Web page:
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how to say “mute” and other disabilities in Hebrew

  having trouble seeing the print? אִלֵּם  listen and repeat     The Torah portion to be read this Shabbat by Jews around the world depicts the great leader Moses… who was also hard of speaking.        The Hebrew word for a mute is אִלֵּם listen and repeat when referring to a male, and אִלֶּמֶת listen and repeat when referring to a female. For example:   אָמְנָם הָיָה קָשֶׁה לוֹ לְדַבֵּר, אָבָל מֹשֶׁה לֹא הָיָה אִלֵּם.

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how to say “worldwide” in Hebrew

  having trouble seeing the print? עוֹלָמִי  listen and repeat     Today, Christians around the world are celebrating the well-known and beloved holiday, Christmas.       one Jew’s answer to the popularity of Christmas   One gift that Christianity has delivered to the world is an emphasis on kindness. Here’s how to say global kindness in Hebrew: חֶסֶד עוֹלָמִי listen and repeat.   Broken down:   חסד listen and repeat is the word for kindness

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how to say “the one and only” in Hebrew

  having trouble seeing the print? הָאֶחָד וְהַיָּחִיד  listen and repeat   The English expression the one and only translates to Hebrew literally – הָאֶחָד וְהַיָּחִיד listen and repeat when referring to a male, and הָאַחַת וְהַיְּחִידָה listen and repeat when referring to a female.       For example:   אֲנִי שָׂמֵחַ לְהַצִּיג אֶת הָאַחַת וְהַיְּחִידָה, רִיטָה. I’m happy to present (to you), the one and only, Rita.  listen    Here’s one of my favorite songs, sung by

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a slang usage of the Hebrew word for “neighborhood”

  having trouble seeing the print? שְׁכוּנָה  listen and repeat On the streets of Israel you’ll hear people using the word שְׁכוּנָה listen and repeat– literally, neighborhood (related words discussed here) – to refer to something disappointingly amateurish.        How did this expression come to be? Einat Kedem explains that the source lies in contrasting two levels of soccer (football) games: professional and neighborhood (less than professional).  For example: אֵיךְ שֶׁמְּנַהֲלִים אֶת הַמְּדִינָה הַזֹּאת, זֶה פָּשׁוּט שְׁכוּנָה. The way they’re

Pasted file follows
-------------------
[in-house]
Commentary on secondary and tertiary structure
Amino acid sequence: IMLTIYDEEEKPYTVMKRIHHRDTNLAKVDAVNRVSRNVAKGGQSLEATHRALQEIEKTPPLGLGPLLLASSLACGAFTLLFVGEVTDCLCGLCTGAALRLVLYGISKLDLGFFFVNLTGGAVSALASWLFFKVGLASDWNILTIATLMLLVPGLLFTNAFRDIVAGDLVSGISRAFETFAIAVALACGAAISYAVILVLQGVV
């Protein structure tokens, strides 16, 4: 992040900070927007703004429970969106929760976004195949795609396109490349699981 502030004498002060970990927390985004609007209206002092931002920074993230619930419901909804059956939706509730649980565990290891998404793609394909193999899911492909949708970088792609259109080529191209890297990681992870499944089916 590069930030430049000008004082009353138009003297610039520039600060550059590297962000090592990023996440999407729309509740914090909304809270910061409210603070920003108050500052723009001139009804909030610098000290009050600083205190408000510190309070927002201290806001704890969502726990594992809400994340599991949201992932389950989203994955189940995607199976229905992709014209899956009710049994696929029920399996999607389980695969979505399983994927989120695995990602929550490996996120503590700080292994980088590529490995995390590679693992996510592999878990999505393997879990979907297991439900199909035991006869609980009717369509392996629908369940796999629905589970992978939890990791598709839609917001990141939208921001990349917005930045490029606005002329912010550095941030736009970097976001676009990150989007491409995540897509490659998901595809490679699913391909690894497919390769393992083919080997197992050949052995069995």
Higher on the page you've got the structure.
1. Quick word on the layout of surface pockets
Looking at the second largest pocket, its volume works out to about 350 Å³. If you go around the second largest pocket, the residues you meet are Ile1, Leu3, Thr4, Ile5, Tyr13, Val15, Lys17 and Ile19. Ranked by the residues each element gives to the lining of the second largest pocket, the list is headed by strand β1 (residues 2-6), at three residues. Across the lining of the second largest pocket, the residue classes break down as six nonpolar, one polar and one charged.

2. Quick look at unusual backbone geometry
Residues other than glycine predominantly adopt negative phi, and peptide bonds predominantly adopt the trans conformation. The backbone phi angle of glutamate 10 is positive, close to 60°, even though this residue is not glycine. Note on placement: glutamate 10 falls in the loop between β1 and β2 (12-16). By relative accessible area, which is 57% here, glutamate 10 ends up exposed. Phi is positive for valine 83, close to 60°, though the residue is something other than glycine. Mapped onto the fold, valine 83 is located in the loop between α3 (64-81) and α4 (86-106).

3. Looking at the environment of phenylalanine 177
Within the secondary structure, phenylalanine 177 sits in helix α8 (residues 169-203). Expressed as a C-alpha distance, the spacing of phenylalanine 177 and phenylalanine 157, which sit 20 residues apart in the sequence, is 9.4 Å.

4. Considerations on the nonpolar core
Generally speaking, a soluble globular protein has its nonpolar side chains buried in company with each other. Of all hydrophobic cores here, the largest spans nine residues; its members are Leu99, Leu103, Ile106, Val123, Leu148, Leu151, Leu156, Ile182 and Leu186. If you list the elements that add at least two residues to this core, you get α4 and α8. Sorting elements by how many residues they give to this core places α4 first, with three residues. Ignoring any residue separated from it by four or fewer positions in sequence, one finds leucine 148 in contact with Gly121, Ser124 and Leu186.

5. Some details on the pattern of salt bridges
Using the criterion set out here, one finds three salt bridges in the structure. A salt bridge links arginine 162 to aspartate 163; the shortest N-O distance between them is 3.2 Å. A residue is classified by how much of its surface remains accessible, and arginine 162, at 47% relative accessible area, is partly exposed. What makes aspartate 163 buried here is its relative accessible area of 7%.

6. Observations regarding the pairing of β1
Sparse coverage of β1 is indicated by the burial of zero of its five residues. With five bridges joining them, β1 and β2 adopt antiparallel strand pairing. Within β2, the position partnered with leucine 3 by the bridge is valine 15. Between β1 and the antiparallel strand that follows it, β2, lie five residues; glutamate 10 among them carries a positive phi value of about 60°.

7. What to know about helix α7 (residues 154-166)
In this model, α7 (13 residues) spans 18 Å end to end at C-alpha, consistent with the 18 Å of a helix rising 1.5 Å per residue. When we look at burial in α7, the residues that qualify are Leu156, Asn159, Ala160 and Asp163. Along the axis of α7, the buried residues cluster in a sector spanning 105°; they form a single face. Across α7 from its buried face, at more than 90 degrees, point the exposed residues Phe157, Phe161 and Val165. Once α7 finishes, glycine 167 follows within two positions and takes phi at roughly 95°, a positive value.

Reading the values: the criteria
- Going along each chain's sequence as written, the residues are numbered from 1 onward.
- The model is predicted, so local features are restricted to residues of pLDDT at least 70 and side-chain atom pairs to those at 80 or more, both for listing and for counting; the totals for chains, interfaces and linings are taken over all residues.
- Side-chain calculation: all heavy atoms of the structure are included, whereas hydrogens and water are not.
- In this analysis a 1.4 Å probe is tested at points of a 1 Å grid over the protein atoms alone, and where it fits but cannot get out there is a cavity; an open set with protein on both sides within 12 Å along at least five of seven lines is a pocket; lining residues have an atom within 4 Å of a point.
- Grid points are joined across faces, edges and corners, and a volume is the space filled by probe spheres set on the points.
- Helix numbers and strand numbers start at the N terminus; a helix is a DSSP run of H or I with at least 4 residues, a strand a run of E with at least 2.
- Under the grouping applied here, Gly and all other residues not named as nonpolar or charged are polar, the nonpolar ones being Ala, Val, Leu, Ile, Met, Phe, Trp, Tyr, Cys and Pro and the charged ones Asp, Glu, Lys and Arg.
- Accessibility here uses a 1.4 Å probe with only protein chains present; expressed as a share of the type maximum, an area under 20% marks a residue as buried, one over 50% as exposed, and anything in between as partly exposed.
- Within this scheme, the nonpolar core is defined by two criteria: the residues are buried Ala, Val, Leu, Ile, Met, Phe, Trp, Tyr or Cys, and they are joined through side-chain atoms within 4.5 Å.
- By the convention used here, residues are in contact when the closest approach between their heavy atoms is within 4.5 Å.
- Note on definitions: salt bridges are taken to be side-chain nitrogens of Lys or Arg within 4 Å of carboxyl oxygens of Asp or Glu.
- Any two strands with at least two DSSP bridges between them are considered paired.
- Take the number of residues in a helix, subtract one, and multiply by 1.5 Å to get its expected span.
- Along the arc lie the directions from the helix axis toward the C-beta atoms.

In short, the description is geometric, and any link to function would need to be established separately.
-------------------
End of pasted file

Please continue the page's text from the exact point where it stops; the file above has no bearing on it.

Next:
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how to say “salvation” in Hebrew

יְשׁוּעָה, גְּאֻלָּה, הַצָּלָה  listen and repeat   With the Torah portion to be read this week by Jews around the world being the first of סֵפֶר שְׁמוֹת listen and repeat (Exodus), and with the heroics displayed by many during the snowstorm in Israel this past week, now’s a good time to introduce the terms for salvation.   ישועה יְשׁוּעָה listen and repeat is the best translation of the English salvation. It carries with it

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how to say “to pay” and some related words in Hebrew

  having trouble seeing the print? לְשַׁלֵּם  listen and repeat     Don’t yet read Hebrew?  Learn now, for free!       The Hebrew word for to pay – לְשַׁלֵּם listen and repeat– comes from the same root as that of the word שָׁלוֹם listen and repeat – hello, goodbye and, more famously, peace. The root is שׁ.ל.מ (sh.l.m), and the unifying concept is completion: payment is the completion of a transaction, while peace involves a sense of completion or settlement.

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how to say “relatively speaking” in Hebrew

  having trouble seeing the print? יַחֲסִית, בְּאֹפֶן יַחֲסִי  listen and repeat   Don’t yet read Hebrew?  Learn now, for free!       Last week I posted a dose on relatives, so here’s a dose on a related word – relatively.   אַלְבֶּרְט אַיינְשְׁטַיין, אָבִיהָ שֶׁל תּוֹרַת הַיַּחֲסוּת Albert Einstein, father of the theory of relativity  listen and repeat Hebrew has two words for relatively. These are mostly interchangeable, with subtle distinctions.

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how to say “nightmare” in Hebrew

  having trouble seeing the print? סִיּוּט, חֲלוֹם בַּלָּהוֹת  listen and repeat   Don’t yet read Hebrew?  Learn now, for free!   In English, we use the word nightmare in both the literal sense of a bad dream, and in the figurative, emphatic sense of a difficult event or series of events.   So too in Hebrew, where the word used in the figurative, emphatic sense is סִיּוּט listen and repeat.       

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how to say “snow-covered city” in Hebrew

  having trouble seeing the print? עִיר מֻשְׁלֶגֶת  listen and repeat Don’t yet read Hebrew?  Learn now, for free!     As you may have heard – or perhaps you’ve been experiencing it yourself – Jerusalem has been covered in snow since Thursday. For this city unprepared, such a snowstorm means limited electricity, no school, jolly kids, no public transportation, thousands of people stranded on the highway (for a time) and a shortage of

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how to say “mummy” in Hebrew

  having trouble seeing the print? מוּמְיָה, חָנוּט, אִמָּא’לֶה  listen and repeat The Torah portion to be read this Shabbat by Jews around the world features that staple of ancient-Egyptian culture and a main character in horror films, the mummy. In the Torah’s case, the mummies happen to be יַעֲקֹב listen and repeat – Jacob, the forefather – and יוֹסֵף listen and repeat – his son Joseph.   The most widely-used Hebrew word for mummy is a transliteration of English (whose source is the ancient-Persian word for wax)

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